4. IN-SPACe will be responsible for granting licenses and permits to private companies for carrying out space-related activities, including the establishment and operation of space objects, ground-based assets, and related services such as communication, remote sensing, and navigation.

New Space India Limited (NSIL) –

  1. NSIL is a public sector company under the Department of Space, Government of India.
  2. It was established in March 2019 as the commercial arm of ISRO to enable commercial exploitation of ISRO’s research and development activities, products, and services.
  3. NSIL’s primary objective is to facilitate the transfer of technologies developed by ISRO to industries for commercial exploitation.
  4. It aims to promote the development of the Indian space industry and create a level playing field for the private sector in the space domain.
  5. NSIL also aims to launch new satellites and provide space-based services such as satellite-based communication, navigation, and remote sensing.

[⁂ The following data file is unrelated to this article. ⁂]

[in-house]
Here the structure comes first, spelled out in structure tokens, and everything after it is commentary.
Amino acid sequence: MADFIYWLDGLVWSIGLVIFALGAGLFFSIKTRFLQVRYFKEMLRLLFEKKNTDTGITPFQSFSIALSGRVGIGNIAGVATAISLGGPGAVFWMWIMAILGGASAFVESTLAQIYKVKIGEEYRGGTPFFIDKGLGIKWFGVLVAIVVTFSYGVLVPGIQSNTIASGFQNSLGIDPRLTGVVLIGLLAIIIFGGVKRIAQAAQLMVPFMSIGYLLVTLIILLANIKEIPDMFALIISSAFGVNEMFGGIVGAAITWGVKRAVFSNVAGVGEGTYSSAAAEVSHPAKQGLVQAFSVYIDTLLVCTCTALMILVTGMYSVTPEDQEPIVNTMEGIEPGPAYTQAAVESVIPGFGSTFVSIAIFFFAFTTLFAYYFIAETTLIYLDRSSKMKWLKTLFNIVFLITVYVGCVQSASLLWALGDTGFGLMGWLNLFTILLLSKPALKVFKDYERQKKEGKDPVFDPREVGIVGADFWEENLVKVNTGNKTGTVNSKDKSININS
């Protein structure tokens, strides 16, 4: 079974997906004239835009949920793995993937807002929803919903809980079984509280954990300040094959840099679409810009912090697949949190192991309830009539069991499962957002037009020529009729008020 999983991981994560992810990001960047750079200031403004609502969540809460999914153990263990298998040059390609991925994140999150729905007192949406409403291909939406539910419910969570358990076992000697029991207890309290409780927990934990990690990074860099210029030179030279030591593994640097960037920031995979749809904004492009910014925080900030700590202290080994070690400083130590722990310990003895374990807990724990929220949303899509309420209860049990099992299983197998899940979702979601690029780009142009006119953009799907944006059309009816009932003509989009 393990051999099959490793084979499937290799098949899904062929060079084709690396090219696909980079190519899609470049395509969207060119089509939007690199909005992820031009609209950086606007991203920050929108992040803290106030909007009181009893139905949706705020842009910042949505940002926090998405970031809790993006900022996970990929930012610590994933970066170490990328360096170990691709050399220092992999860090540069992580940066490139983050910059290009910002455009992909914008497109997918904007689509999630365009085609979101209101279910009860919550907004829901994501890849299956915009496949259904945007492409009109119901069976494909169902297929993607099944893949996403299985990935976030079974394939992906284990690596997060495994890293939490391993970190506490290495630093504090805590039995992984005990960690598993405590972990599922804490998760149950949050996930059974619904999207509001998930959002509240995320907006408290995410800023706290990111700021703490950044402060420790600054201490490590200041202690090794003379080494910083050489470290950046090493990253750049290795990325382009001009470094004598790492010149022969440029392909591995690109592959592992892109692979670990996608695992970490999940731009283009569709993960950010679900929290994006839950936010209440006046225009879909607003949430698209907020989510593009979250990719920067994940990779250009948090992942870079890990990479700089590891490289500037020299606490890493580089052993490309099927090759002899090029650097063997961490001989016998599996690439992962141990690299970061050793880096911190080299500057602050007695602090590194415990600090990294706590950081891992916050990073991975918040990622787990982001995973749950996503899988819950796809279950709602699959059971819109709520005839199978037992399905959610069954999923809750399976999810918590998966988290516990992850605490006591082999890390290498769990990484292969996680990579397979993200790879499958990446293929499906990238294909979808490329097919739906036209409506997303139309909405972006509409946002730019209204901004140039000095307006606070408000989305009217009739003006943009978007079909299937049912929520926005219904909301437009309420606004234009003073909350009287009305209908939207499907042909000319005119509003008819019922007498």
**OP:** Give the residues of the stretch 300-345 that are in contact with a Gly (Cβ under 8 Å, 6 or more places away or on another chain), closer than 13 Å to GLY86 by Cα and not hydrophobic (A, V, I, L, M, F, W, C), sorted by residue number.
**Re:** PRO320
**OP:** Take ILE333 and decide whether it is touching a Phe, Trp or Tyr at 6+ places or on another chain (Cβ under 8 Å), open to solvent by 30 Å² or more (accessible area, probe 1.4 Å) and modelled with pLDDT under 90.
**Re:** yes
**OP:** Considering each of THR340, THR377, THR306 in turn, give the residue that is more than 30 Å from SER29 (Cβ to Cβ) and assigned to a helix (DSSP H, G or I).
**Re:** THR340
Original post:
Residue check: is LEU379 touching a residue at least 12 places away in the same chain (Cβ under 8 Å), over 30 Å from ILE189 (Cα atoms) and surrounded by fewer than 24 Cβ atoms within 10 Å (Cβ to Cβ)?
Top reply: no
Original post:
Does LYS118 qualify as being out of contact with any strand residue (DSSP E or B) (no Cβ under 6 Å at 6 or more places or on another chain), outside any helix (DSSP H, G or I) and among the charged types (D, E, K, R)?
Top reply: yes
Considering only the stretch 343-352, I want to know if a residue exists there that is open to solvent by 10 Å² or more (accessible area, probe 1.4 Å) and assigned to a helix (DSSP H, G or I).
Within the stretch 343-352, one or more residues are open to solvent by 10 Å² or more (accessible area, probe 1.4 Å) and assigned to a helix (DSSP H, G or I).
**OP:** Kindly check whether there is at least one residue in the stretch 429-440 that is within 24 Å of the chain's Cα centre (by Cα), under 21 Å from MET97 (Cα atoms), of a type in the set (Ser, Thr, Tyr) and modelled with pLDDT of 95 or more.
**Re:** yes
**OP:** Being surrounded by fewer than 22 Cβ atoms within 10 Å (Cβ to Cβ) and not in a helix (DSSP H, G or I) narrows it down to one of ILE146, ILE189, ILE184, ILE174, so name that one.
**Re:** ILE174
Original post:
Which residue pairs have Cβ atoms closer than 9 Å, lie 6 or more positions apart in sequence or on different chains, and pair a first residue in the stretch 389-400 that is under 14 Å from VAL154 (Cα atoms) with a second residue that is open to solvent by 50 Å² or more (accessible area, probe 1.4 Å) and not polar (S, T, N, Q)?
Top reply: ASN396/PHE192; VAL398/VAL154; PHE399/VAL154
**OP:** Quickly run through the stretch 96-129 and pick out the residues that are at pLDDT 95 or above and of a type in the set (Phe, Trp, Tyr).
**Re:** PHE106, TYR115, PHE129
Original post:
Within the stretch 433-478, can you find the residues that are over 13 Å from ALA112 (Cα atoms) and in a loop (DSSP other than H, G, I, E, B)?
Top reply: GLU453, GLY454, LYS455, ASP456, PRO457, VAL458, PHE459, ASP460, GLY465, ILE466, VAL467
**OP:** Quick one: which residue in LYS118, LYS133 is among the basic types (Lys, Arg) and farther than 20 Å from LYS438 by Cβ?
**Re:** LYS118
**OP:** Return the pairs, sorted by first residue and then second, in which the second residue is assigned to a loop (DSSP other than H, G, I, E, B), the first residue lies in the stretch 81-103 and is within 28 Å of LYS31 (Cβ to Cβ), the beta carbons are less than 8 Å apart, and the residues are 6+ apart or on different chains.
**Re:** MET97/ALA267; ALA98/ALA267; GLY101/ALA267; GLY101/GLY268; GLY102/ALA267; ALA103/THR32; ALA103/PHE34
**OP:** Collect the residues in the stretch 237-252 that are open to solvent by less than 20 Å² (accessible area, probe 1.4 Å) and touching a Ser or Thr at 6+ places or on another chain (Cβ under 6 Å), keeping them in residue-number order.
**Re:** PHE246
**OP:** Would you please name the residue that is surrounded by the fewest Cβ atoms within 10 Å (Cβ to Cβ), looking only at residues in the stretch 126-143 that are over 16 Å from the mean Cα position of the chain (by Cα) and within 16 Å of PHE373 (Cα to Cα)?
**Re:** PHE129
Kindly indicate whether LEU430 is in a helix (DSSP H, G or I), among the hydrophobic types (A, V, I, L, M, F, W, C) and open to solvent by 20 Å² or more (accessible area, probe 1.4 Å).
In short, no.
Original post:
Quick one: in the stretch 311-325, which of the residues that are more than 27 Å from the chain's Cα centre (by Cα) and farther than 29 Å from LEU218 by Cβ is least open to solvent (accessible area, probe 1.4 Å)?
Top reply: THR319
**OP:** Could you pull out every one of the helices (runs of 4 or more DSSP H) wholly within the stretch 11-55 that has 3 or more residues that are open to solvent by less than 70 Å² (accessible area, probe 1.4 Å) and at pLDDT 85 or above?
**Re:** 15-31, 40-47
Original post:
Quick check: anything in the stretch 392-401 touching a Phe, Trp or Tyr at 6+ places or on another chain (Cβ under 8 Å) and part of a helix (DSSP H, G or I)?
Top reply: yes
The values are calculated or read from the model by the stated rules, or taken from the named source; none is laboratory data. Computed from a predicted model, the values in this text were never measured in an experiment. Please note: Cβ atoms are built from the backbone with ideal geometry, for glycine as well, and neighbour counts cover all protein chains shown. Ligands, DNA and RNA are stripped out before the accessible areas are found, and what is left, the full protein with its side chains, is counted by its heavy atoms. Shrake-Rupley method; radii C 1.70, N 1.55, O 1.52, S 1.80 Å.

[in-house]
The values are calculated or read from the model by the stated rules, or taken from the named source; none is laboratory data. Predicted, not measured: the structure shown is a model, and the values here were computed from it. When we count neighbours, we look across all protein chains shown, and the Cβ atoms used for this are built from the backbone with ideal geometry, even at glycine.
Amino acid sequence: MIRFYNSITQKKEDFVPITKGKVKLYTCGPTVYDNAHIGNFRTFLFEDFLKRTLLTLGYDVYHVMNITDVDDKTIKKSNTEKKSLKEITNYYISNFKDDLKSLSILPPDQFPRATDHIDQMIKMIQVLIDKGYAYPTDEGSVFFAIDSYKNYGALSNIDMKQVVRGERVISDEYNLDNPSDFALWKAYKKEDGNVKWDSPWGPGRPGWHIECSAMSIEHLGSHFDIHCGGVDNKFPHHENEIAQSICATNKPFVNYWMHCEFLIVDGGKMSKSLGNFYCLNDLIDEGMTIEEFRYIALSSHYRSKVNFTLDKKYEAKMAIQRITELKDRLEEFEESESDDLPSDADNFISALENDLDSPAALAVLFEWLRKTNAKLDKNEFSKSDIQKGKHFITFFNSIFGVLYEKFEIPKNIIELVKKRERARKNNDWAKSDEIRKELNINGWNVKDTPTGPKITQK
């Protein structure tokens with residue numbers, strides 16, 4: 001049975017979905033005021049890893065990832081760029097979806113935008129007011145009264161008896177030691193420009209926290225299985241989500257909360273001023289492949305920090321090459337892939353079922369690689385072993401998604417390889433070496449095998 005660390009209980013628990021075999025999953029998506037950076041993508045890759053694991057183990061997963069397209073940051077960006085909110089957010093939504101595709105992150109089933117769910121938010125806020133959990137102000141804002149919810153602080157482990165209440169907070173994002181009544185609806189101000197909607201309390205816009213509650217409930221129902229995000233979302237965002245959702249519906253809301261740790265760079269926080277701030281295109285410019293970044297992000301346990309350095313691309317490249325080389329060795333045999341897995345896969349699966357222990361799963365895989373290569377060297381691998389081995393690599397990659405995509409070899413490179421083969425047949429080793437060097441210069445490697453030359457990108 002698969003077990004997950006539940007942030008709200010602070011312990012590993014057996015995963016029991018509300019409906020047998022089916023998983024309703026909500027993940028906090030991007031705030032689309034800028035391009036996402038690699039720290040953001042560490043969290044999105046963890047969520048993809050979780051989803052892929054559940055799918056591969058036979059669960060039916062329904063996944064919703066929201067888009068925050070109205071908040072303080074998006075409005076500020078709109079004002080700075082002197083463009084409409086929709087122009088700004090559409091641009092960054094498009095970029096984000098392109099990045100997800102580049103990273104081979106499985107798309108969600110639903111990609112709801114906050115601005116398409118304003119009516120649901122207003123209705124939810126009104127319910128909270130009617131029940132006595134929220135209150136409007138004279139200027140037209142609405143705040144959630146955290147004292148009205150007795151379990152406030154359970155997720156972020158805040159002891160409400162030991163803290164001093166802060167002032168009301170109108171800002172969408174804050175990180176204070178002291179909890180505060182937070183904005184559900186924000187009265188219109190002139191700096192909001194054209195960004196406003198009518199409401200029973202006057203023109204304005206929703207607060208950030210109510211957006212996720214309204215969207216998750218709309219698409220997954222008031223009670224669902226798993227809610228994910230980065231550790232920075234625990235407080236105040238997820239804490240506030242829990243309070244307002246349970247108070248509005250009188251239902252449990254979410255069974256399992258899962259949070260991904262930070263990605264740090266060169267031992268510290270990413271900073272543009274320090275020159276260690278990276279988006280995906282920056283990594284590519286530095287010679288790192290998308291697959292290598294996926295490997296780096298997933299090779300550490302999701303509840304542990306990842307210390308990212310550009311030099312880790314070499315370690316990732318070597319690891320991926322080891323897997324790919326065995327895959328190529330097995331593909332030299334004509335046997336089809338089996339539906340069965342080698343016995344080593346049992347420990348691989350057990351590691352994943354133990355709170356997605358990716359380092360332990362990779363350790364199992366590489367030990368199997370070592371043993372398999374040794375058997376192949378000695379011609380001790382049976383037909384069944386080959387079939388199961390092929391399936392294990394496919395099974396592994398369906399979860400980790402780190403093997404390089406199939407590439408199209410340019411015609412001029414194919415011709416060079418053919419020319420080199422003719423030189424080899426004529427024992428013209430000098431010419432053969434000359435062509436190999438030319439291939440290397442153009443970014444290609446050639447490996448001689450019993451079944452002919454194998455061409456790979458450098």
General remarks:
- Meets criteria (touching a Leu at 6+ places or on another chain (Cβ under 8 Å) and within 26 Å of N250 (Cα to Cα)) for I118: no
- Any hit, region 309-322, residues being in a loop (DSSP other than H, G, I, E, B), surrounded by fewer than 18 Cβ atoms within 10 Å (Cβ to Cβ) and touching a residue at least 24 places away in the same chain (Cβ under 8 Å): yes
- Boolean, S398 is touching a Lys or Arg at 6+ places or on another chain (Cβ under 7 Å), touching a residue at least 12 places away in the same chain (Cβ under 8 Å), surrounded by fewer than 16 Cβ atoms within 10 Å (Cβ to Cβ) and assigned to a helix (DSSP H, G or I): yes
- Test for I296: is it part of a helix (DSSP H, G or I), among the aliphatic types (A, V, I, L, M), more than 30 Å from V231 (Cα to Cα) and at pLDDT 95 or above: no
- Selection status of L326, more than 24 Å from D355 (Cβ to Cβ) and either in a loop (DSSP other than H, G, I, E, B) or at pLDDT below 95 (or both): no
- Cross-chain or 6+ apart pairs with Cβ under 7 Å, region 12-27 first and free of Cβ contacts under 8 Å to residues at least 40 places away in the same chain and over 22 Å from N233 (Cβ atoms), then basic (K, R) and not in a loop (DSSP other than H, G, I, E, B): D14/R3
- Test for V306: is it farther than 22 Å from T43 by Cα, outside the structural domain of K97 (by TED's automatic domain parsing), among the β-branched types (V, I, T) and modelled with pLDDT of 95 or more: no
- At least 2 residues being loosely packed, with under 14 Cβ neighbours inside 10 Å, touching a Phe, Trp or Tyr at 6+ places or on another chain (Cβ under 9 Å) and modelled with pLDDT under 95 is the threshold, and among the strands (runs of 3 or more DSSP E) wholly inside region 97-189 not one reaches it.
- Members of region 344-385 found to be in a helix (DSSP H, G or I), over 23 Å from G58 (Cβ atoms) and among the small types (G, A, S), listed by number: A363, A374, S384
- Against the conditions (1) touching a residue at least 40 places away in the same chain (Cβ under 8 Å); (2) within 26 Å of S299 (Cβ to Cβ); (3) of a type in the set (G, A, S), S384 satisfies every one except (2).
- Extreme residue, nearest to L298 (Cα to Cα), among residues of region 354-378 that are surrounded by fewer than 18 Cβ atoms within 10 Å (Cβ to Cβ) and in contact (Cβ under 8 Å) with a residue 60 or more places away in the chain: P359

6. NSIL is also responsible for organizing and coordinating the participation of Indian industries in international exhibitions, symposiums, and workshops related to the space sector.


GS 3 : Achievements Of Indians in Science & Technology

25 Years of India’s Nuclear Test –

On May 11 and 13, 1998, India conducted five nuclear tests that brought about significant changes in the country’s self-esteem and status in the world. The country’s military nuclear policy had been shrouded in ambiguity and opacity for two decades since its first test in 1974. However, with the 1998 tests, India emerged as a nuclear weapons state, which was received with mixed reactions from the international community, resulting in sanctions and isolation. Nonetheless, the tests marked a significant moment for India’s self-confidence and awareness of its potential.

India’s Nuclear Tests –

  1. Smiling Buddha (Pokhran-I):India’s first nuclear test was conducted on May 18, 1974, in Pokhran, Rajasthan. The test was code-named “Smiling Buddha” and was a “peaceful nuclear explosion.”